SAN DIEGO (CNS) - The San Diego Housing Commission announced on Wednesday a three-year plan to get 1,500 homeless people off the streets through a combination of property renovations and providing homes that include access to social services.
Provisions of the "Housing First-San Diego" plan include:
-- renovating an abandoned hotel structure to provide 72 affordable units for homeless veterans and youth who have aged out of the foster care system;
-- combining up to $30 million of federal and state grants, and local funds, to create housing in combination with supportive services;
-- providing as many as 1,500 federal rental assistance vouchers to homeless individuals and families;
-- investing $15 million to acquire a property where 20 percent of its more than 100 units will be set aside for permanent supportive housing for homeless San Diegans; and
-- dedicating 25 commissioned-own units for temporary use by homeless individuals and families.
"The goal is to help our homeless San Diegans get back on their feet and move on to renting an apartment of their own," said Richard Gentry, the commission's president and CEO.
Work began this summer on the site of the former Hotel Churchill, which had been abandoned for a decade on the corner of Ninth and C streets in downtown San Diego. City officials expect the $17 million project to be completed in February 2016.
The U.S. Department of Veterans Affairs will provide on-site social services and case management to former armed forces members, according to the
Housing Commission. Mayor Kevin Faulconer said the hotel project is a "great example of what we can achieve when we all work together and look at new ways to solve a problem."
City Council President Todd Gloria said San Diego is realigning its homeless programs to a "housing first" model, which gets people off the streets and into a residential environment where issues such as mental health, substance abuse or other problems can be addressed.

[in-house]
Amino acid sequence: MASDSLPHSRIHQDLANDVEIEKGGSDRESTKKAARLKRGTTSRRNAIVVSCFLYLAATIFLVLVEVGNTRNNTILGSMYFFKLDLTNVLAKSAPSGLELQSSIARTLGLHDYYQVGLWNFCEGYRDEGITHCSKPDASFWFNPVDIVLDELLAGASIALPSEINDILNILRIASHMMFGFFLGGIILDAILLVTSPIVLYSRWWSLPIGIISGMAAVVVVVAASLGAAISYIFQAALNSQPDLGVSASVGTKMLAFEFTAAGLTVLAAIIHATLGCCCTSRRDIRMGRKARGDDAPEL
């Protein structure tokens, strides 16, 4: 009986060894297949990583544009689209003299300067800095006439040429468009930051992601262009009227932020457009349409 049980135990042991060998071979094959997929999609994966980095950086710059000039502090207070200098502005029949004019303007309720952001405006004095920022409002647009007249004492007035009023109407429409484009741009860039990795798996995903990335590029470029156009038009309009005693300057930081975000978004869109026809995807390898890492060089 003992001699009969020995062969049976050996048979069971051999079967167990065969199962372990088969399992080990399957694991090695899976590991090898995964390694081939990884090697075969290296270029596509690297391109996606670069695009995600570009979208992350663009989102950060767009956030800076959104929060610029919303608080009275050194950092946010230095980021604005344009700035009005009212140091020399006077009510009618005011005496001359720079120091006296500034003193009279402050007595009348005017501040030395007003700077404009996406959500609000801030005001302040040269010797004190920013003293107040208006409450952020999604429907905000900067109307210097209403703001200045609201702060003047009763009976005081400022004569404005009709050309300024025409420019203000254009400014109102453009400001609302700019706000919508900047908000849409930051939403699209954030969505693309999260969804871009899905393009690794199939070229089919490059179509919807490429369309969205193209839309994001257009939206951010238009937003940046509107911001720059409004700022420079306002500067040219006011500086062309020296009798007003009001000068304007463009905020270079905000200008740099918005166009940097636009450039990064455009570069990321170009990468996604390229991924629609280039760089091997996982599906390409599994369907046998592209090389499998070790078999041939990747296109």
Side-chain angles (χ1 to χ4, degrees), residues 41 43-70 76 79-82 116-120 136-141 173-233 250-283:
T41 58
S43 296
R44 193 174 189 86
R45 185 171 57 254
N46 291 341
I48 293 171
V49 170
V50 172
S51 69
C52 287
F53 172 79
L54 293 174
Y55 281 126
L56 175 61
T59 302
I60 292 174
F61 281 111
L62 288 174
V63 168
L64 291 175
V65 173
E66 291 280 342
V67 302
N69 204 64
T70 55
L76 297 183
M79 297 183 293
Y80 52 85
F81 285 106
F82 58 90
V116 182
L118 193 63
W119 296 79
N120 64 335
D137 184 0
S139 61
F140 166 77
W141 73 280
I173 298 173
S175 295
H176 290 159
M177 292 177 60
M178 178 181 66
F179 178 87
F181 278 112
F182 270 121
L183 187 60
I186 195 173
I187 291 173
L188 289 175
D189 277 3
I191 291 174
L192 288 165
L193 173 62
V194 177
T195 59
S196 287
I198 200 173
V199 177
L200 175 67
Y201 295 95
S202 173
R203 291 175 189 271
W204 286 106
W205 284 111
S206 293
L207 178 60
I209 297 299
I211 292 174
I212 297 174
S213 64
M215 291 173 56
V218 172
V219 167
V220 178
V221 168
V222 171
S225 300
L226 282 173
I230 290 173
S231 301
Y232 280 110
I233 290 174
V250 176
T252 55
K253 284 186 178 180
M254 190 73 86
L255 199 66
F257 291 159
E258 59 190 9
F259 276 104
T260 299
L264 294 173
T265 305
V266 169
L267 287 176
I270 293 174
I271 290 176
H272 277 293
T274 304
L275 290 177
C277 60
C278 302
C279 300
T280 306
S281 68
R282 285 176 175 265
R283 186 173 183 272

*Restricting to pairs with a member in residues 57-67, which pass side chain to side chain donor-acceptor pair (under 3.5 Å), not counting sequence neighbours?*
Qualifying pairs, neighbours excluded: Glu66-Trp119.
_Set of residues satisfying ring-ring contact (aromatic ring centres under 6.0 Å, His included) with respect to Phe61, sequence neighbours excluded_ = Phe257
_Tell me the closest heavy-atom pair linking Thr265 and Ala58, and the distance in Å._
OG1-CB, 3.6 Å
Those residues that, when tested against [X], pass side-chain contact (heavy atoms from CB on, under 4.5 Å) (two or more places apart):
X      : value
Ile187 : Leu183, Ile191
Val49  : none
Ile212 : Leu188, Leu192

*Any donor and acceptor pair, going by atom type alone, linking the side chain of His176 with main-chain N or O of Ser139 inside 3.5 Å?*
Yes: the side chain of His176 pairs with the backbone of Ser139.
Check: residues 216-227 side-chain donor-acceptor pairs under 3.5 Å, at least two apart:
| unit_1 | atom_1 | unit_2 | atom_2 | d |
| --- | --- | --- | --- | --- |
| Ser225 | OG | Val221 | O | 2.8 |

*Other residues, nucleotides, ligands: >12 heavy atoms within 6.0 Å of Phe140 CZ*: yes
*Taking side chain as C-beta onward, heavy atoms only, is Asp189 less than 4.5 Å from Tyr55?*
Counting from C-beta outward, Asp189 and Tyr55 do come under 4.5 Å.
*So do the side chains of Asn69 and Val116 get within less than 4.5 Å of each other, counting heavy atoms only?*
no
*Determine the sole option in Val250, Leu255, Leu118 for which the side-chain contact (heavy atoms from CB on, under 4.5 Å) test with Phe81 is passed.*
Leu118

A car believed to have been used in the abduction of a 9-year-old boy in Santa Maria, prompting an Amber Alert in Los Angeles, Ventura and Santa Barbara counties, was found abandoned Tuesday, but the child and the suspect remained missing and were believed to be traveling in another vehicle.
An Eastlake family is bringing awareness to heart screening during the third annual Cristian's Big Heart 5K.
Many watchers of Monday's solar eclipse may have glanced at the sun without proper eye protection, if only for a brief moment. This can be dangerous, as looking directly at the sun can cause eye damage.
Substance abuse prevention advocates in San Diego plan to speak out Tuesday against legislation that would allow cities around the state extend the bar-closing time to 4 a.m., from the current 2 a.m.
A wildfire that scorched about 200 acres of brush in the southeastern reaches of San Diego County and threatened about 20 back-country homes was 40 percent contained Tuesday morning, fire officials said.
Authorities Monday released an artist's rendering of a man being sought for following and pestering teenage girls in East County neighborhoods early this summer.
Temperatures across San Diego County are expected to be about average Tuesday for mid-August with cooling expected for midweek before hot weather returns for the weekend.
At least three brush rigs, four fire engines and two helicopters were dispatched early Tuesday morning to battle a blaze that scorched about two dozen palm trees in Mission Valley, authorities said.
The future of a Confederate monument in a municipally operated cemetery in San Diego was unclear Monday amid an online petition calling for its removal.
A former Uber driver pleaded guilty Monday to raping a female passenger and sexually assaulting as many as 14 other victims, including many who were unconscious from drugs or alcohol when the attacks occurred.